Aeschines spoke on various occasions, but he published only three of his orations, namely, against Timarchus, on the Embassy, and against Ctesiphon. As an orator, he was inferior to none but Demosthenes. He was endowed by nature with extraordinary oratorical powers, of which his orations afford abundant proofs. The facility and felicity of his diction, the boldness and the vigour of his descriptions, carry away the reader now, as they must have carried away his audience. The ancients, as Photius (Cod. 61) remarks, designated these three orations as the Graces, and the nine letters which were extant in the time of Photius, as the Muses. Besides the three orations, we now possess twelve letters which are ascribed to Aeschines, which however are in all probability not more genuine than the so-called epistles of Phalaris, and are undoubtedly the work of late sophists.
The principal sources of information concerning Aeschines are:
1. The orations of Demosthenes on the Embassy, and on the Crown, and the orations of Aeschines on the Embassy and against Ctesiphon. These four orations were translated into Latin by Cicero; but the translation is lost, and we now possess only an essay which Cicero wrote as an introduction to them: "De optimo genere Oratorum."
2. The life in Plutarch's Vitac decem Oratorum.
3. The life of Aeschines by Philostratus.
4. The life of Aeschines by Libanius.
5. Apollonius' Exegesis.
The first edition of the orations of Aeschines is that of Aldus Manutius in his Collectio Rhetorum Graecorum, Venice, 1513, fol. An edition with a Latin translation, which also contains the letters ascribed to Aeschines, is that of H. Wolf, Basel. 1572, fol. The next important edition is that by Taylor, which contains the notes of Wolf, Taylor, and Markland, and appeared at Cambridge in 1748-56 in his collection of the Attic orators. In Reiske's edition of the Attic orators Aeschines occupies the third volume, Lips. 1771, 8vo. The best editions are those of I. Bekker, vol. iii. of his Oratores Attici, Oxford, 1822, 8vo., for which thirteen new MSS. were collated, and of F. H. Bremi, Zurich, 1823, 2 vols. 8vo. The oration against Demosthenes has been translated into English by Portal and Leland.
This text is from: A dictionary of Greek and Roman biography and mythology, 1873 (ed. William Smith). Cited July 2005 from The Perseus Project URL below, which contains interesting hyperlinks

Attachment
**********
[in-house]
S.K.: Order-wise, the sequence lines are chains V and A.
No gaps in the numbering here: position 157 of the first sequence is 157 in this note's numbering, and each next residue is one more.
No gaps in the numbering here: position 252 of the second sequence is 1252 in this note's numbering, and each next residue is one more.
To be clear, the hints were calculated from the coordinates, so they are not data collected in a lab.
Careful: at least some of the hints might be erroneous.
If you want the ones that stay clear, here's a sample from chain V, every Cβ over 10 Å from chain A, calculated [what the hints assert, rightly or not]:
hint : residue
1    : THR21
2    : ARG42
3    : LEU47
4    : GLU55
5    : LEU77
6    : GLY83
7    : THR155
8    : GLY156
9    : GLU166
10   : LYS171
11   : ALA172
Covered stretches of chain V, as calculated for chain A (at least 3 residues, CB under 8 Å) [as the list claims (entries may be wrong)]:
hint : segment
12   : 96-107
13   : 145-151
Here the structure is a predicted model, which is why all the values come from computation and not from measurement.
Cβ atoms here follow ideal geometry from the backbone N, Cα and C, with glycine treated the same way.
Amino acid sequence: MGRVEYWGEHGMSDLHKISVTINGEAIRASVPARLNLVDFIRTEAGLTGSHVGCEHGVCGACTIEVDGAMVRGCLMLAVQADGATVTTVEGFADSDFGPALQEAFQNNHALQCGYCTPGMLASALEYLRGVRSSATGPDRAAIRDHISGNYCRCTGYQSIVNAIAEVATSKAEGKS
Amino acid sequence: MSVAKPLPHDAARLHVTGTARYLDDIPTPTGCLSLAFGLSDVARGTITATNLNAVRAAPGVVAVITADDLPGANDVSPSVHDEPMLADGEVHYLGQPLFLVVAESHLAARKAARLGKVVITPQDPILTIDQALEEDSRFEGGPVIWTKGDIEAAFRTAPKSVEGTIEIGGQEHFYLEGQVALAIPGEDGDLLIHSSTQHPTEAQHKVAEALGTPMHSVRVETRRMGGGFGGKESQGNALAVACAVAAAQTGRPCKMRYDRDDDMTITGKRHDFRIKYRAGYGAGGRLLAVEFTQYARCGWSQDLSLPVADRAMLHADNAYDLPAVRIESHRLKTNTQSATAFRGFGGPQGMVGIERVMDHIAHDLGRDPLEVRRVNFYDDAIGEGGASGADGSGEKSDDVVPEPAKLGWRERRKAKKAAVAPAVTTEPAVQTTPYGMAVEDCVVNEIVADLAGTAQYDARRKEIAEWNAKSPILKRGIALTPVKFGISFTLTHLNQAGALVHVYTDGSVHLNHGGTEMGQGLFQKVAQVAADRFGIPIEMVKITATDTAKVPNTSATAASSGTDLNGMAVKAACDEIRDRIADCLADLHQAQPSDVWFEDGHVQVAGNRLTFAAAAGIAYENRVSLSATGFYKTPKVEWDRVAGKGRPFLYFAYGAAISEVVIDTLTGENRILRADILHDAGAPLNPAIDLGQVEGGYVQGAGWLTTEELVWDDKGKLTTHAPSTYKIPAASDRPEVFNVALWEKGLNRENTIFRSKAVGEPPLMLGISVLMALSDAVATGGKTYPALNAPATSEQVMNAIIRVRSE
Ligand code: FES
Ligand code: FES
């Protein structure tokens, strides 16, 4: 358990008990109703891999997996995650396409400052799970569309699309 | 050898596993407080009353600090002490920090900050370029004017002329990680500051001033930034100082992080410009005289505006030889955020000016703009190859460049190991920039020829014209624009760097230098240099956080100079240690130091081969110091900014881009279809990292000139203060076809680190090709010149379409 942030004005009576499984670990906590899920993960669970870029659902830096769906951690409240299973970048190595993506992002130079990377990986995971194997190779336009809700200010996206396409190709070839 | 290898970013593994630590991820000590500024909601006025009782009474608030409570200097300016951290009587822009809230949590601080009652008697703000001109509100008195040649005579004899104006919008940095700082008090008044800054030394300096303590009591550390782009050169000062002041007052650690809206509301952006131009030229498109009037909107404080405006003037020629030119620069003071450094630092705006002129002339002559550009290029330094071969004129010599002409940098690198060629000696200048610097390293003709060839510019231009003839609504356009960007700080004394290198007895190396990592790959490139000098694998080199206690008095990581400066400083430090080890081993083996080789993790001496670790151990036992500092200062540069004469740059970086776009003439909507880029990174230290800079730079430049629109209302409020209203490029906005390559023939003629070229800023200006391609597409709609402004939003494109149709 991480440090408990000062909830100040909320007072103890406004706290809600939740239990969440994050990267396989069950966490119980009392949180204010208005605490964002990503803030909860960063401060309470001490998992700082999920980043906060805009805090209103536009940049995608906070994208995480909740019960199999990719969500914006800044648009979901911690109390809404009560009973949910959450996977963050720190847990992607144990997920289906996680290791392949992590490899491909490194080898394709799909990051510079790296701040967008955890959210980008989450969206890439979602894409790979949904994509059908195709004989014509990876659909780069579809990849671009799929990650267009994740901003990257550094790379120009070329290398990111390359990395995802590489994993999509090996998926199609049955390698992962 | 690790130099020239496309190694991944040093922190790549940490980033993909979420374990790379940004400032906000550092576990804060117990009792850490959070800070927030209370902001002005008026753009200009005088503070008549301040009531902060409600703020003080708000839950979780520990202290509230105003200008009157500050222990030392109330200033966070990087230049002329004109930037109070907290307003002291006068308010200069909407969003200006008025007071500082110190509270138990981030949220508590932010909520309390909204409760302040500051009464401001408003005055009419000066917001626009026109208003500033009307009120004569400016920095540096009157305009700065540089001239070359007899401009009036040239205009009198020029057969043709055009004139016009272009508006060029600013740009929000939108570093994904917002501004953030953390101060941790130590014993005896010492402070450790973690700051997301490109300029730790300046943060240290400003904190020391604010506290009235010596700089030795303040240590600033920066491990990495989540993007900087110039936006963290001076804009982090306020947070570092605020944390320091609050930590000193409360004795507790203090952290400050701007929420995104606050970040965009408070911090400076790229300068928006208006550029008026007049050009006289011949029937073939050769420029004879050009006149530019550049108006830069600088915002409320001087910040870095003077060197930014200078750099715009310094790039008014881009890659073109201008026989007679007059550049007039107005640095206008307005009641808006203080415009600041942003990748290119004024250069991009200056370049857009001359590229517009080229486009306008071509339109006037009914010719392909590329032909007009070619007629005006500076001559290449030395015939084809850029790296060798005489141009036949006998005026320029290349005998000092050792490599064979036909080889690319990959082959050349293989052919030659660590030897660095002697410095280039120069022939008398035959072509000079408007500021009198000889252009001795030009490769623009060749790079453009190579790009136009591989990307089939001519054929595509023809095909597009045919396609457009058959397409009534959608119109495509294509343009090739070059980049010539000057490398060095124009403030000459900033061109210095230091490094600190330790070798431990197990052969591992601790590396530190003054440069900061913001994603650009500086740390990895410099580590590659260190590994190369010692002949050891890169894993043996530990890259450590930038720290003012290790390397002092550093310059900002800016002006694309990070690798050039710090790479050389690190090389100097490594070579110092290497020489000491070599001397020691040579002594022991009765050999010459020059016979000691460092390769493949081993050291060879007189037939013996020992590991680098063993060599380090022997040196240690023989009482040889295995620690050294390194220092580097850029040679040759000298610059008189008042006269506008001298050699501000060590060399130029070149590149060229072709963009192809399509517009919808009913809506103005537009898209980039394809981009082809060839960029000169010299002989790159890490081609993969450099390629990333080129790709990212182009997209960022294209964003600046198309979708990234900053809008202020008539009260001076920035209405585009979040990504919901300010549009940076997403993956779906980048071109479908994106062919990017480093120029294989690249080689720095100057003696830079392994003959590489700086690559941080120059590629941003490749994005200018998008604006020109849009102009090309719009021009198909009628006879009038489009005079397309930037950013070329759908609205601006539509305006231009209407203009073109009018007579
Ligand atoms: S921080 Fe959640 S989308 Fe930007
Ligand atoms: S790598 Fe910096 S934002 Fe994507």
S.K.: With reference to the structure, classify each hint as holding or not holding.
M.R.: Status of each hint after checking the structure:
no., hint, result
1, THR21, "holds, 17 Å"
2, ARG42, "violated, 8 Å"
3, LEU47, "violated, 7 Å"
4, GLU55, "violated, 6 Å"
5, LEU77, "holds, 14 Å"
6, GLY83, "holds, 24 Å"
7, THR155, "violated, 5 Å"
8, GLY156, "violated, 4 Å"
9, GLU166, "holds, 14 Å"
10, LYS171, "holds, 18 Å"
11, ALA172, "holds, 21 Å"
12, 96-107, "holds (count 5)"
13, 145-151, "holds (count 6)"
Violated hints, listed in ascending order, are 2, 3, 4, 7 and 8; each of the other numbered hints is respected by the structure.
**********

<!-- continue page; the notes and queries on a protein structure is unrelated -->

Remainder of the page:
Aeschines was for twenty years a bitter enemy of Demosthenes. This enmity was perhaps the chief interest in his life; at any rate it is the dominant motive of his extant speeches. Demosthenes on his side could not afford to despise an enemy whose biting wit and real gift of eloquence assured him an attentive hearing, whether in the courts or before the ecclesia, and thus gave him an influence which the vagueness of his political views and the instability of his personal character could never entirely dissipate. Aeschines had no constructive policy, but he had just the talents which are requisite for the leader of a captious and malicious opposition. To the fact of the long-maintained hostility between these two men we owe a good deal of first-hand information about each of them, both as regards public and private life. It is true that we cannot accept without reservation the statements and criticisms made by either speaker about his rival; but in many cases they agree about facts, though they put different interpretations on them, and so, with care, we may arrive at a substratum of truth.
Aeschines was born about 390 B.C. His father Atrometus, an Athenian citizen of pure descent, was exiled by the Thirty, and fled to Corinth, with his wife. He served for some time as a mercenary soldier in Asia, and finally returned to Athens, where he kept a school. His wife, Glaucothea, filled some minor religious office, initiating the neophytes in certain mysteries, apparently connected with Orphism. Aeschines seems to have helped both his parents in their work, if we may suppose that there is a grain of truth mixed with the malice of Demosthenes:
The whole of the description from which the foregoing passage is taken is an obvious caricature, and its chief value is to show that Demosthenes, if circumstances had not made him a statesman, might have been a successful writer of mediocre comedy; but it seems to point to the fact that Aeschines' parents were in humble circumstances, that he himself had a hard life as a boy, and did not enjoy the usual opportunities of obtaining the kind of education desirable for a statesman. After this, at an age when other aspirants to public life would have been studying under teachers of rhetoric, he was forced to earn his living. He was first clerk to some minor officials, then an actor -according to Demosthenes he played small parts in an inferior company, and lived chiefly on the figs and olives with which the spectators pelted him (de Cor.). He also served as a hoplite, and, by his own account, distinguished himself at Mantinea and Tamynae. In 357 B.C. he obtained political employment, first under Aristophon of Azenia, then under Eubulus, and later we find him acting as clerk of the ecclesia.
You used to fill the ink-pots, sponge the benches, and sweep the schoolroom, like a slave, not like a gentleman's son. When you grew up you helped your mother in her initiations, reciting the formulas, and making yourself generally useful. All night long you were wrapping the celebrants in fawn-skins, preparing their drink-offerings, smearing them with clay and bran, etc. (Dem., de Cor., 258-259)